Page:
Healing waters: a new wave of social prescribing
Last summer, a pioneering social prescribing project in South Wales saw a group of young people, diagnosed with a first episode of psychosis, experience the therapeutic benefits of outdoor swimming
Sioned Thomas is the Outdoor Activity Development Officer for The Outdoor Partnership, an organisation that enhances people’s loves through outdoor activities.
Last summer, Sioned led a social prescribing project for young people diagnosed with a first episode of psychosis, who are supported by the mental health charity Adferiad Recovery. According to the NHS, social prescribing is “an approach that connects people to activities, groups, and services in their community to meet the practical, social and emotional needs that affect their health and wellbeing.”
Sioned’s six-week program involved taking the group of young people (aged 16 to 30) to explore the outdoors in South Wales, based around the theme of water. This included exploring the coastal paths of Gower, swimming in the sea and dipping in the waterfalls of the Brecon Beacons, all guided by outdoor instructors.
A keen swimmer herself, Sioned hopes this pilot project will spawn similar social prescribing programs in South Wales and beyond. We spoke to Sioned about how she feels the project went, and why she hopes outdoor swimming will become an integral part of social prescribing for health and wellbeing.
Sioned, can you tell me a bit more about the young people you worked with, and the challenges they have faced with their mental health?
I worked specifically with young people referred to ‘The Early Intervention in Psychosis Service’. They are supported by Adferiad Recovery. I knew nothing about psychosis before I started – the charity’s practitioners explained to me that usually with psychosis for a young person, they can have just one episode of psychosis that’s brought on by a trauma in their lives. It doesn’t mean you have psychosis; it can just mean you’ve had a psychotic episode and you might never actually have one again.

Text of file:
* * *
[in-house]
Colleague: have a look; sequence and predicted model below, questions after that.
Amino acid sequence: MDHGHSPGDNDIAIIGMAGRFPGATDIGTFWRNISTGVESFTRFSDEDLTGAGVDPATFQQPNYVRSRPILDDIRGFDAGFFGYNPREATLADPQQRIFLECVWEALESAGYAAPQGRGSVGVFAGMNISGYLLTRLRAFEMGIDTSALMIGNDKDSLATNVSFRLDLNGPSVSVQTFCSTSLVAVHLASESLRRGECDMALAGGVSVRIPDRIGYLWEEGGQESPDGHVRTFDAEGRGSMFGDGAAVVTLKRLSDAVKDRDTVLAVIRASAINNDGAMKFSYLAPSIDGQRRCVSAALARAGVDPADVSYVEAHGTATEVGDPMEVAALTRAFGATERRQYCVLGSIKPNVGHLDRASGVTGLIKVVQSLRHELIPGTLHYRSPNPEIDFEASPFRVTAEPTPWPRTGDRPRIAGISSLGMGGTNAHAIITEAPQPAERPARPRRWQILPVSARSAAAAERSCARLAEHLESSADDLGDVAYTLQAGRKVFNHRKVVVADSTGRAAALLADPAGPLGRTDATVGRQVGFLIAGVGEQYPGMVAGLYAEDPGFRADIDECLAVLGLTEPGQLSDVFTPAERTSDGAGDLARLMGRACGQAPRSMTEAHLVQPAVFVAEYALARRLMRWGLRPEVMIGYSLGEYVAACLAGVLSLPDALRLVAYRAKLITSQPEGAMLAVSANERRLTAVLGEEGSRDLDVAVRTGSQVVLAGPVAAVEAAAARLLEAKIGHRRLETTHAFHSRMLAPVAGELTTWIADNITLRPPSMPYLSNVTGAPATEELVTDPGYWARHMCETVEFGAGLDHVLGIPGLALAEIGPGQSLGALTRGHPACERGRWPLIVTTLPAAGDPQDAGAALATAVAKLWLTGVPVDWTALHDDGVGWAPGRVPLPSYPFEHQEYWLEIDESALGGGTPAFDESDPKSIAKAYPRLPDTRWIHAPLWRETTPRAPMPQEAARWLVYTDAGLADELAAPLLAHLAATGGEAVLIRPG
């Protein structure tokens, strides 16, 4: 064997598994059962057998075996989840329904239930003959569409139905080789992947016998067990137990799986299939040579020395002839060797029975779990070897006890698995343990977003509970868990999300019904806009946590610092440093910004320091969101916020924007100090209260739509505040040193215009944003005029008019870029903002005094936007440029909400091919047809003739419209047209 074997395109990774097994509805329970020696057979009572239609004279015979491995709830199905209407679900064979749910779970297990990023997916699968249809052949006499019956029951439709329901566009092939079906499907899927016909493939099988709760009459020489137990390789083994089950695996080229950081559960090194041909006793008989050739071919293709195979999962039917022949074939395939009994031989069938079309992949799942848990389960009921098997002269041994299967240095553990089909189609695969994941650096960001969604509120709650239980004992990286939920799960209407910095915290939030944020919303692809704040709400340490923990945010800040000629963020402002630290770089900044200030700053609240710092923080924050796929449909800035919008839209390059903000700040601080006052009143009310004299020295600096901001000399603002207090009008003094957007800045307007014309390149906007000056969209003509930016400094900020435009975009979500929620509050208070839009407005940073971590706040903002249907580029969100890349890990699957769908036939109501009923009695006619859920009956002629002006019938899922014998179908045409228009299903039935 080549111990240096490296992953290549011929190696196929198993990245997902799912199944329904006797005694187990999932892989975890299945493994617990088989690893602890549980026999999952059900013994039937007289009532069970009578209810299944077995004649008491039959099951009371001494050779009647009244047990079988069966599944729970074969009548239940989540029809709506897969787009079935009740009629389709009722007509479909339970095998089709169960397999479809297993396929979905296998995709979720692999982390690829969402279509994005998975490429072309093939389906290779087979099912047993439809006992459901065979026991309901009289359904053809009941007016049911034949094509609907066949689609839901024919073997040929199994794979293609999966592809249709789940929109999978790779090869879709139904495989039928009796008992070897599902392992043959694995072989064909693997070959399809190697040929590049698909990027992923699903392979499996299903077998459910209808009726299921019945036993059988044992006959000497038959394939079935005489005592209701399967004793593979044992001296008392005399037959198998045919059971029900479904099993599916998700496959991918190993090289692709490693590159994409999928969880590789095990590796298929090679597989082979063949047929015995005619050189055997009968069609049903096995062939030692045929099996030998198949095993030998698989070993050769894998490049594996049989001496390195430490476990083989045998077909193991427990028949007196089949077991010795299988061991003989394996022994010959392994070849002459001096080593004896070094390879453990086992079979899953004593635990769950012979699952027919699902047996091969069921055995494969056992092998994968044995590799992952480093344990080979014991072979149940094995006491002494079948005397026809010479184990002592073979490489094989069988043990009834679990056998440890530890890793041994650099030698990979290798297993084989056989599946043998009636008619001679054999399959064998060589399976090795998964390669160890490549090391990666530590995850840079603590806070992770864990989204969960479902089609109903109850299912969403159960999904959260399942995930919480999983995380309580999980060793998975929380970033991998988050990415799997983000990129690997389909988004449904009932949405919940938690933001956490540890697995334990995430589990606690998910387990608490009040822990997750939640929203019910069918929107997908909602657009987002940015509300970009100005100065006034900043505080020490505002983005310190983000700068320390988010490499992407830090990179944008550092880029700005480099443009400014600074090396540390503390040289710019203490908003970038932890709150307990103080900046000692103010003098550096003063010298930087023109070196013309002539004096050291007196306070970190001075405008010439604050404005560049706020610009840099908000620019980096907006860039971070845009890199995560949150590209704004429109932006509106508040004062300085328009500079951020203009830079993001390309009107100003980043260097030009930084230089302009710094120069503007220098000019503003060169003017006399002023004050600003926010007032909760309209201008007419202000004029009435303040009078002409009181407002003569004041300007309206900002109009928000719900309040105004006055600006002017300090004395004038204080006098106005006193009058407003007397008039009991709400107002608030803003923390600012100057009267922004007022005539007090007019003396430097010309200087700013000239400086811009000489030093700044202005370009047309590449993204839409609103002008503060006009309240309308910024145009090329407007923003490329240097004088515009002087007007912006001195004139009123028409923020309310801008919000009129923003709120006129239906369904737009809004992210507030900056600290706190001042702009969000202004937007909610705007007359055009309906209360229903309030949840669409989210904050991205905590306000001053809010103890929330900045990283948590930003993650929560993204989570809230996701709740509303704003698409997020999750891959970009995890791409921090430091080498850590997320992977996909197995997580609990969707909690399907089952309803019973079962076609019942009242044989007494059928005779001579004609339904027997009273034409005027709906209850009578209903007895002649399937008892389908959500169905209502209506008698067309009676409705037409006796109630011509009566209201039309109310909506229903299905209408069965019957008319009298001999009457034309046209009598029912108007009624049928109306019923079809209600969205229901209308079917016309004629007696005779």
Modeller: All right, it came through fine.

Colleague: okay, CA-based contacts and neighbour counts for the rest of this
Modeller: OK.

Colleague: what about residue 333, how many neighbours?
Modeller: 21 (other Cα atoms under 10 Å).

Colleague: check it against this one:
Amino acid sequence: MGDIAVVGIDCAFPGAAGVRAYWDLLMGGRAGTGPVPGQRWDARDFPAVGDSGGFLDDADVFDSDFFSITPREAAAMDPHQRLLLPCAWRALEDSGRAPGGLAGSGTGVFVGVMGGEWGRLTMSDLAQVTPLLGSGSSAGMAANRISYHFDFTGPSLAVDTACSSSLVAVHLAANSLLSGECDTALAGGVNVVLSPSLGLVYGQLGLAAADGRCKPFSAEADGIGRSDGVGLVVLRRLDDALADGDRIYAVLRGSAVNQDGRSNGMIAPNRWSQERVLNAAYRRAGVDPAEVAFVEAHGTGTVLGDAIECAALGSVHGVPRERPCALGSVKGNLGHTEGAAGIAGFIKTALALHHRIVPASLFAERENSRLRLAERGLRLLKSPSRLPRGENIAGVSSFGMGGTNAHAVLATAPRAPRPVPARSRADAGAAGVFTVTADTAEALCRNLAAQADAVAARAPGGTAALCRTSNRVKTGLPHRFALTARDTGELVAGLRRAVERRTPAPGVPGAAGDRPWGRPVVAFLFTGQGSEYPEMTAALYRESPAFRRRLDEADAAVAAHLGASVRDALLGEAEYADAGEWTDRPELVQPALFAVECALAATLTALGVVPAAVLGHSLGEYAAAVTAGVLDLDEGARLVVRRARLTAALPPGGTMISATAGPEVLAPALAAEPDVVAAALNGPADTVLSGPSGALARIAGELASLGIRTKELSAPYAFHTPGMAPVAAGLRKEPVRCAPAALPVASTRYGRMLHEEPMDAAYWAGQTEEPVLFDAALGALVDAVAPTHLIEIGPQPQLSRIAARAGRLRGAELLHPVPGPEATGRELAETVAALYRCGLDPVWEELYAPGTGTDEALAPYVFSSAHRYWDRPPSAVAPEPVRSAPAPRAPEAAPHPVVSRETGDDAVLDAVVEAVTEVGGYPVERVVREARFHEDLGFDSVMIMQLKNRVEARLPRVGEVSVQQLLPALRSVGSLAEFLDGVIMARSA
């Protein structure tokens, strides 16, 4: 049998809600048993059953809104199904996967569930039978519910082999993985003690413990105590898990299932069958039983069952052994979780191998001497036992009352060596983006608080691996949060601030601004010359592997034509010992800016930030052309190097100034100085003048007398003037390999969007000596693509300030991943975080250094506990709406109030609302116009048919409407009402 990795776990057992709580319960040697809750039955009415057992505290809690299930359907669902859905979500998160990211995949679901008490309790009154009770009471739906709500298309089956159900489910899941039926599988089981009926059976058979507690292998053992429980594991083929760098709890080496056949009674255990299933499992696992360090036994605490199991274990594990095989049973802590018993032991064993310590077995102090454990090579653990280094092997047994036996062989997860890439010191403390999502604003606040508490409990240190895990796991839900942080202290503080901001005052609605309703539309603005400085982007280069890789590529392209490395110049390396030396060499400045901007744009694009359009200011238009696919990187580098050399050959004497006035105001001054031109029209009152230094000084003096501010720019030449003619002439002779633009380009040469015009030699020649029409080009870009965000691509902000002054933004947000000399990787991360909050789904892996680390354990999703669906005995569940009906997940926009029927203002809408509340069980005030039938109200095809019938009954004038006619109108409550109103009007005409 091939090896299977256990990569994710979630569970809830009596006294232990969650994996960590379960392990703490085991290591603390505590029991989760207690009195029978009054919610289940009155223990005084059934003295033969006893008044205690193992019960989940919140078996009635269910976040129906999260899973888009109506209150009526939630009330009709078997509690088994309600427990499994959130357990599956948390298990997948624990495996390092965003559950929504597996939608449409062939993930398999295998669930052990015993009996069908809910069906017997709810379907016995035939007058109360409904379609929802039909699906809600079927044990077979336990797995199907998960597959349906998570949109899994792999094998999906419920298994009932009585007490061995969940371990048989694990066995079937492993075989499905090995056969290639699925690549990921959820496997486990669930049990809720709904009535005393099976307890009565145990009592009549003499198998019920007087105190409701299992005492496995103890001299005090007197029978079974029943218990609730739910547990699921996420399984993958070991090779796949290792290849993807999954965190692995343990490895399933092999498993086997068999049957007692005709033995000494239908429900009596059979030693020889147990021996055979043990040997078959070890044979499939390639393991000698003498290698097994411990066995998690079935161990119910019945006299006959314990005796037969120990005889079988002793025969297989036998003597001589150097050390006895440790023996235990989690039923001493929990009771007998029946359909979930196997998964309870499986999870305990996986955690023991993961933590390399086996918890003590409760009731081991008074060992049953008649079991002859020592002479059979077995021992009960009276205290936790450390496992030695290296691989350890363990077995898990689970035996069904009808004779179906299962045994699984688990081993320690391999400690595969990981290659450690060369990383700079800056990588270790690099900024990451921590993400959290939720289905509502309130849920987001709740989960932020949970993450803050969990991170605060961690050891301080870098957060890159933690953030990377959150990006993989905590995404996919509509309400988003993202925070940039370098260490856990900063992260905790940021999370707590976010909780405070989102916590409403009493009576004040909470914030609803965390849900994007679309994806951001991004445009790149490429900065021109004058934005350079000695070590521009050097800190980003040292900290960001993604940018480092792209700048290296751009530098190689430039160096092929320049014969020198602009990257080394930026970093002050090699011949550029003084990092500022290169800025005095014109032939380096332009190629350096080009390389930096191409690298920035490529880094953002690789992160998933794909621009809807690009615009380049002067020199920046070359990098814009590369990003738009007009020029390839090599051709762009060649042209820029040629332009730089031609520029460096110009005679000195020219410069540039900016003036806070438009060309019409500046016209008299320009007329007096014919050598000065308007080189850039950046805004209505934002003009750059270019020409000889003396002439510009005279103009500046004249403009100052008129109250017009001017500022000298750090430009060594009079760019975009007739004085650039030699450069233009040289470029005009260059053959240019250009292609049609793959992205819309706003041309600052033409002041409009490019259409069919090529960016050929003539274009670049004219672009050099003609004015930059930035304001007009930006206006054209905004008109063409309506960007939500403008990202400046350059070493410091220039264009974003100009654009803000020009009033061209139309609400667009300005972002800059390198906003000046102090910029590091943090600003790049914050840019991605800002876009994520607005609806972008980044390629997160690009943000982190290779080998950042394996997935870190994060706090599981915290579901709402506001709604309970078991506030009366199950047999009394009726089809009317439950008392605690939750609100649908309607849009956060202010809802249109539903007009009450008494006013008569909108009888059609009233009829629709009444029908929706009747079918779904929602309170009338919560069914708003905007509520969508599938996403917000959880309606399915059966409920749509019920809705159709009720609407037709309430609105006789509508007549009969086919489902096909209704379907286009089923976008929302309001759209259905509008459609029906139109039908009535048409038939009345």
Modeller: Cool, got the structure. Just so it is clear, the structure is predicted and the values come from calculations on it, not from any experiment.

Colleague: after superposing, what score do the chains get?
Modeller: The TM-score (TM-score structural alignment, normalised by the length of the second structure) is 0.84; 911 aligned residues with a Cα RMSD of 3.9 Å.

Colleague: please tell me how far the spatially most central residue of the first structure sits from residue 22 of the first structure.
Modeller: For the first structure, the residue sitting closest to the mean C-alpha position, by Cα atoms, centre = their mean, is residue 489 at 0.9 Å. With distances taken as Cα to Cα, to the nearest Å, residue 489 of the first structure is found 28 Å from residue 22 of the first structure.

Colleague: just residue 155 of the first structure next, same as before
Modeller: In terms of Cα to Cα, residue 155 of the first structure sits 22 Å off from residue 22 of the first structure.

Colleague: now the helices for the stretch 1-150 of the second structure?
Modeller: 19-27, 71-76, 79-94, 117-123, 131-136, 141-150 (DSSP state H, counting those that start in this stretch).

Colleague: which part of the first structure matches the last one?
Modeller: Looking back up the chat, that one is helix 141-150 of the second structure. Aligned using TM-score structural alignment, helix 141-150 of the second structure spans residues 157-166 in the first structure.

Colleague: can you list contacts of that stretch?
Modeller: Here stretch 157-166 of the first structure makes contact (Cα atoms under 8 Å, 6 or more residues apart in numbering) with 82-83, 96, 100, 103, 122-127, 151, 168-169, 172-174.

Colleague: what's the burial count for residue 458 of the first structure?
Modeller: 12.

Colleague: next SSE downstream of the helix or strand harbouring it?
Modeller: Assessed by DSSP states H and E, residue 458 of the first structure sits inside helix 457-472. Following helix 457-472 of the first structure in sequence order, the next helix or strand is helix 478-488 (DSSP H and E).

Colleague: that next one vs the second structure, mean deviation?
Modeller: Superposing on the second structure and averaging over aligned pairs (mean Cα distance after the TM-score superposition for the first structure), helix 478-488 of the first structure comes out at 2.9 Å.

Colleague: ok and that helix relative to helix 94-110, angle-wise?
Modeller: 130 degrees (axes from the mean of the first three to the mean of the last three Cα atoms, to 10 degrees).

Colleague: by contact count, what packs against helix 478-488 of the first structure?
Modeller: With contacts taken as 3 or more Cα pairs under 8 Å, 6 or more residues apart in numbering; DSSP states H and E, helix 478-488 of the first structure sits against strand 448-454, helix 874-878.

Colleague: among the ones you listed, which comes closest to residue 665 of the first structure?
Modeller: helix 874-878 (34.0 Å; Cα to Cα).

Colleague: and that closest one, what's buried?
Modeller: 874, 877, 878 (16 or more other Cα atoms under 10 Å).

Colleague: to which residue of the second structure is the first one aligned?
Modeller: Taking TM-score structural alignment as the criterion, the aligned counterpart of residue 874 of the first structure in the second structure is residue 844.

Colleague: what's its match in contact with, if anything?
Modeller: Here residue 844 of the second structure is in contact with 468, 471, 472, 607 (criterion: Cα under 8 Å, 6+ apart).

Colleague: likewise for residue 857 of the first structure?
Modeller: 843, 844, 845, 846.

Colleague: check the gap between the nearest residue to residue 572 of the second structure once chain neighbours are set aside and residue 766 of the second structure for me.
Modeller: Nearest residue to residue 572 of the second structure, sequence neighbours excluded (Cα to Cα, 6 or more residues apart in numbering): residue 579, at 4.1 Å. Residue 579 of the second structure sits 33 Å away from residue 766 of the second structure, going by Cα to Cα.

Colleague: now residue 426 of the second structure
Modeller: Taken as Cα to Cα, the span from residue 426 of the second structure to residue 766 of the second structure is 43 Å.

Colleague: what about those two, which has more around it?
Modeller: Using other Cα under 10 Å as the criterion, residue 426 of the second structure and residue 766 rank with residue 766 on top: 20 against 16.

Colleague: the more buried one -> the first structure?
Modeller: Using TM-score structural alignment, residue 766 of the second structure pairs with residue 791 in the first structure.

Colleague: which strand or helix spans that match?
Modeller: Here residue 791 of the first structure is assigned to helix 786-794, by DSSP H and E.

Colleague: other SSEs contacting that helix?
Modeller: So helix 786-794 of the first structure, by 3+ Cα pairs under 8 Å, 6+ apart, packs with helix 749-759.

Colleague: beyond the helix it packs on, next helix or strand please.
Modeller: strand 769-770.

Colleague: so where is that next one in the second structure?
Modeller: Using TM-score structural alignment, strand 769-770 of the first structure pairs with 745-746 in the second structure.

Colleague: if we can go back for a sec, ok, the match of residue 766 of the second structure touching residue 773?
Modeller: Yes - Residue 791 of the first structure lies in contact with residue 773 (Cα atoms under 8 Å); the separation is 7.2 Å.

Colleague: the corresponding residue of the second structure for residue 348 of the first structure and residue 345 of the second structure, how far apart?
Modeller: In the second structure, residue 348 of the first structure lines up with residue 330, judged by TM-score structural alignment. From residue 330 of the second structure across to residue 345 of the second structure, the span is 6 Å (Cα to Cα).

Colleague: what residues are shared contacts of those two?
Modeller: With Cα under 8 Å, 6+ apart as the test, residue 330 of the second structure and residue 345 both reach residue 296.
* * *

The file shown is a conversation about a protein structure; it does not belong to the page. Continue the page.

It was a tricky stage for them because a lot of them were trying to determine what kind of treatment they needed. Some were quite far ahead on the path and knew they probably do have psychosis and will always have it, while others were more early on their pathway to working out why they had an episode. So it was a mentally draining time for many of them.
What inspired you to incorporate outdoor swimming as well as hiking and bushcraft into the program?
Swimming is my background. I was a competitive pool swimmer when I was younger, and more recently I’ve done some open water events and competitions. I also love just dipping with friends and exploring different bodies of water.
The community side of outdoor swimming is great; the feeling as mad as everybody else, giggling and jumping in the waves. And then there’s that other element of actually escaping everyone else. Especially in winter, when you leave the busy beach behind and go into the sea where there’s barely a soul.
Even if you feel you don’t want to go in today; you don’t want to get your hair wet and get sand everywhere or you just can’t be bothered, you always feel better when you’ve done it. You feel so powerful, so strong. For me, when I’ve had that outdoor swim, I feel like I’m in control.
These young people on the program definitely felt out of control and overwhelmed in a lot of elements of their lives. They’ve have to drop out of college or school; some weren’t allowed to drive or they had to work part time instead of full time because they were unregulated with their episodes.
I didn’t want to force the group into the water, but I did want them all to experience it just once, and if they didn’t like it, that was totally fine. I think even finding that quiet space around water, whether just sitting next to it, walking near it, reading a book or listening to some music – it provides a calming space.
For those that went in the water, how did they find the experience?
In the second week we had a dip in the Gower. It was lovely and calm. We brought tow floats so they could lie back and rest their heads. When they saw how relaxed they could be in the water just by regulating their breathing and acclimatizing properly, I think they realized it doesn’t need to be that shock, that it can happen really slowly. Rather than being exciting or stressy, it can be a calming experience.